Calgary

Meet 5 Calgary students who plan to push back against looming tuition hikes

Students at the University of Calgary gathered on Thursday to learn, strategize and react to the prospect of looming tuition hikes.
From left: Aqsa Arif, Rose Jackson and Frank Finley were among students at the University of Calgary Thursday strategizing against potential tuition hikes that could result due to the provincial budget. (Hala Ghonaim/CBC)

Students at the University of Calgary gathered on Thursday to learn, strategize and react to the prospect of looming tuition hikes.

The 2019 Alberta budget provided less operational funding for institutions and removed the tuition freeze, which had been in effect for the past five years.

CBC News spoke with five members of Students for Direct Action, a group at the university, to learn their thoughts on the budget, student debt and the change they hope to implement.

Will Gregson, 22, is studying political science at the University of Calgary. (Hala Ghonaim/CBC)

Will Grigson, 22

"[The budget] makes me very, very angry. This economic mess that Alberta is in, it's not the students' fault. It's not the most vulnerable Albertans that should be paying for this. It will make the most vulnerable people have to foot the bill."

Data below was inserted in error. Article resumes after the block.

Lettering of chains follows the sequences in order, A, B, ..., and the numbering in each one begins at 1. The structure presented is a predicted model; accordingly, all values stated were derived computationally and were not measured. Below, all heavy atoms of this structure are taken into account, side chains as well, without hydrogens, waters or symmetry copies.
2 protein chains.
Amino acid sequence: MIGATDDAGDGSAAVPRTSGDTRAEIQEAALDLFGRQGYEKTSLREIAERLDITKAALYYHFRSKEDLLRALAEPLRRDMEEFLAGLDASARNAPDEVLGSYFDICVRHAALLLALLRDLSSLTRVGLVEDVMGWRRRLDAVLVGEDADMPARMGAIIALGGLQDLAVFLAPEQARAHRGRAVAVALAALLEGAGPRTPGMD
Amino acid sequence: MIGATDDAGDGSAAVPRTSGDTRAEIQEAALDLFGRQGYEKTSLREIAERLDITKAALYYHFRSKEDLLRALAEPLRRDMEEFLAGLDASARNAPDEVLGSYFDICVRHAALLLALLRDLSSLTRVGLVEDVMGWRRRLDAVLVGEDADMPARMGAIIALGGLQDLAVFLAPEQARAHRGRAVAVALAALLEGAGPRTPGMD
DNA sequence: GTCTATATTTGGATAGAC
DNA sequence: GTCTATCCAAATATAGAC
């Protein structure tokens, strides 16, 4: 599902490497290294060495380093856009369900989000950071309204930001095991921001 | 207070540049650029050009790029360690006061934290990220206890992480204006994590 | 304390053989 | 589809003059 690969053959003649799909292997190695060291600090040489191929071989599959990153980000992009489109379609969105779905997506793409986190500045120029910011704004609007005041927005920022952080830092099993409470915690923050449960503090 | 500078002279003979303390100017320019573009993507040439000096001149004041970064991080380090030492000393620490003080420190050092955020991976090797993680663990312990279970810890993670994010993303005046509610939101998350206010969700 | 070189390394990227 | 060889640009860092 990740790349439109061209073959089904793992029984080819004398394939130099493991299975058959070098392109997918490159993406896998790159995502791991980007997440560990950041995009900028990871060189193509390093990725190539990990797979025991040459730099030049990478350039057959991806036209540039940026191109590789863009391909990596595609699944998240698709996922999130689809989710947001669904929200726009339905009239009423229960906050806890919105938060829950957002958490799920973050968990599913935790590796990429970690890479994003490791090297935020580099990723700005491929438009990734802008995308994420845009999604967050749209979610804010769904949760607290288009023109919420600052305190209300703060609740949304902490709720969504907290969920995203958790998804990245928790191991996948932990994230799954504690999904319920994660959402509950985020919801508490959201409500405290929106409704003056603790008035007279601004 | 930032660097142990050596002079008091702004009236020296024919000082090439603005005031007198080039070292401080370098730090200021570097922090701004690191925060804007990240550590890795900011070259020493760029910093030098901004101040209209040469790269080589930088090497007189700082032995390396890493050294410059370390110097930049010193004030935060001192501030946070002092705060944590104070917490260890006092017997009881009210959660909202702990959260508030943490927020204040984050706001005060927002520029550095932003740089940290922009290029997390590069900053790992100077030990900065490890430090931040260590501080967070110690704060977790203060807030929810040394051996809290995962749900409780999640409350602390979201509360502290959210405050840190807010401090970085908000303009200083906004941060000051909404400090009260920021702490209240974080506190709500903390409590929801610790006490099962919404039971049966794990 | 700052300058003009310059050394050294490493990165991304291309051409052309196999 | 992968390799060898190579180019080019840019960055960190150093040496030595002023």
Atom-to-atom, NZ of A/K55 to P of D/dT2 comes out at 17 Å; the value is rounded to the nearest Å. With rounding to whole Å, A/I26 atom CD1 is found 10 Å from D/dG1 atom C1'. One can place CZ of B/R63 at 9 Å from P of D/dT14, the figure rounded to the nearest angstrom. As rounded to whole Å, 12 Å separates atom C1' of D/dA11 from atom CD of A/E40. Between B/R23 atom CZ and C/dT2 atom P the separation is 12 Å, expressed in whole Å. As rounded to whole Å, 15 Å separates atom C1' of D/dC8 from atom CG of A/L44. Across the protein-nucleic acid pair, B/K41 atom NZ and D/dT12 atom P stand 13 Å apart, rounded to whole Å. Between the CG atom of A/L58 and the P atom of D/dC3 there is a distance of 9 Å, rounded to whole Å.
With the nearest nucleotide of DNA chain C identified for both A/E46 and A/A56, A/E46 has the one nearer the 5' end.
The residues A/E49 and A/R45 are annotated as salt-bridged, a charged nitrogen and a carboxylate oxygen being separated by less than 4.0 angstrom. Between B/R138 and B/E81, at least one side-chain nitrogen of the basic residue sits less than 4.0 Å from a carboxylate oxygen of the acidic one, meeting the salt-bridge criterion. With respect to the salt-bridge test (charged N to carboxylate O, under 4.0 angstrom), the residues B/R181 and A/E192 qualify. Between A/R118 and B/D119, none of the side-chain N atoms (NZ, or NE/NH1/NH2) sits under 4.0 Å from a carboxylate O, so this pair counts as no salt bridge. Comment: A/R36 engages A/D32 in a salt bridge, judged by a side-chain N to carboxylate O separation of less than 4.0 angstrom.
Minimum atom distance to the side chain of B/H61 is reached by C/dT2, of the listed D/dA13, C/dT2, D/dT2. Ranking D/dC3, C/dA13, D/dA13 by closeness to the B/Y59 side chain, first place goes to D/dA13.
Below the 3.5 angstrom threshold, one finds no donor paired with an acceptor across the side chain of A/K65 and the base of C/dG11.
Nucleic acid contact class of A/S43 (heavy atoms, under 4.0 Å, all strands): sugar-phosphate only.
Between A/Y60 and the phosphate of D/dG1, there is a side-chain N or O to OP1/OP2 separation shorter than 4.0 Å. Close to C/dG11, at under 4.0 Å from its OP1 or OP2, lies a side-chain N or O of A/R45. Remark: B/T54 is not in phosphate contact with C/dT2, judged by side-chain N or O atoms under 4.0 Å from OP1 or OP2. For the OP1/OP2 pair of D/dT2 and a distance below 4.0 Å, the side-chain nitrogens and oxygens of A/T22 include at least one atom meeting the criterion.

Aqsa Arif, 21, is in her third year studying communications and media studies. (Hala Ghonaim/CBC)

Aqsa Arif, 21

"I think advocating is very important. It doesn't matter the cause. If more people show up and join, you get momentum out of that, and you're more likely to see positive outcomes if you have a stronger voice. If more people came together, they could reach a wider audience."

Frank Finley, 23, is in his fourth year while taking a double major in law and society and political science. (Hala Ghonaim/CBC)

Frank Finley, 23

"The fact of the matter is that education is already extraordinarily expensive in this province. Proposed increases are] actually going to prevent certain students from even being able to attend the university. The idea that this isn't a big difference in terms of cash value for students and amount per year is incorrect." 

Sonia Garyayev, 19, is an arts student working on a major in drawing. (Hala Ghonaim/CBC)

Sonia Garyayev, 19

"I'm relatively fortunate. I live at home … but we find it hard to afford my education and my brother's future education, and I'm just seeing the depression of everybody else as well. I'm here on behalf of other people, as much as myself."

Rose Jackson, 19, is an environmental science student at the University of Calgary. (Hala Ghonaim/CBC)

Rose Jackson, 19

"We're demanding that our government does not increase tuition. It affects a lot of our students. [We want] students to have more money in their pockets so they're not starving, since we know a lot of students aren't able to afford food. They can barely make rent, and so they might not be able to focus as much on their education because they might be working longer hours to make rent or make tuition."

With files from Hala Ghonaim

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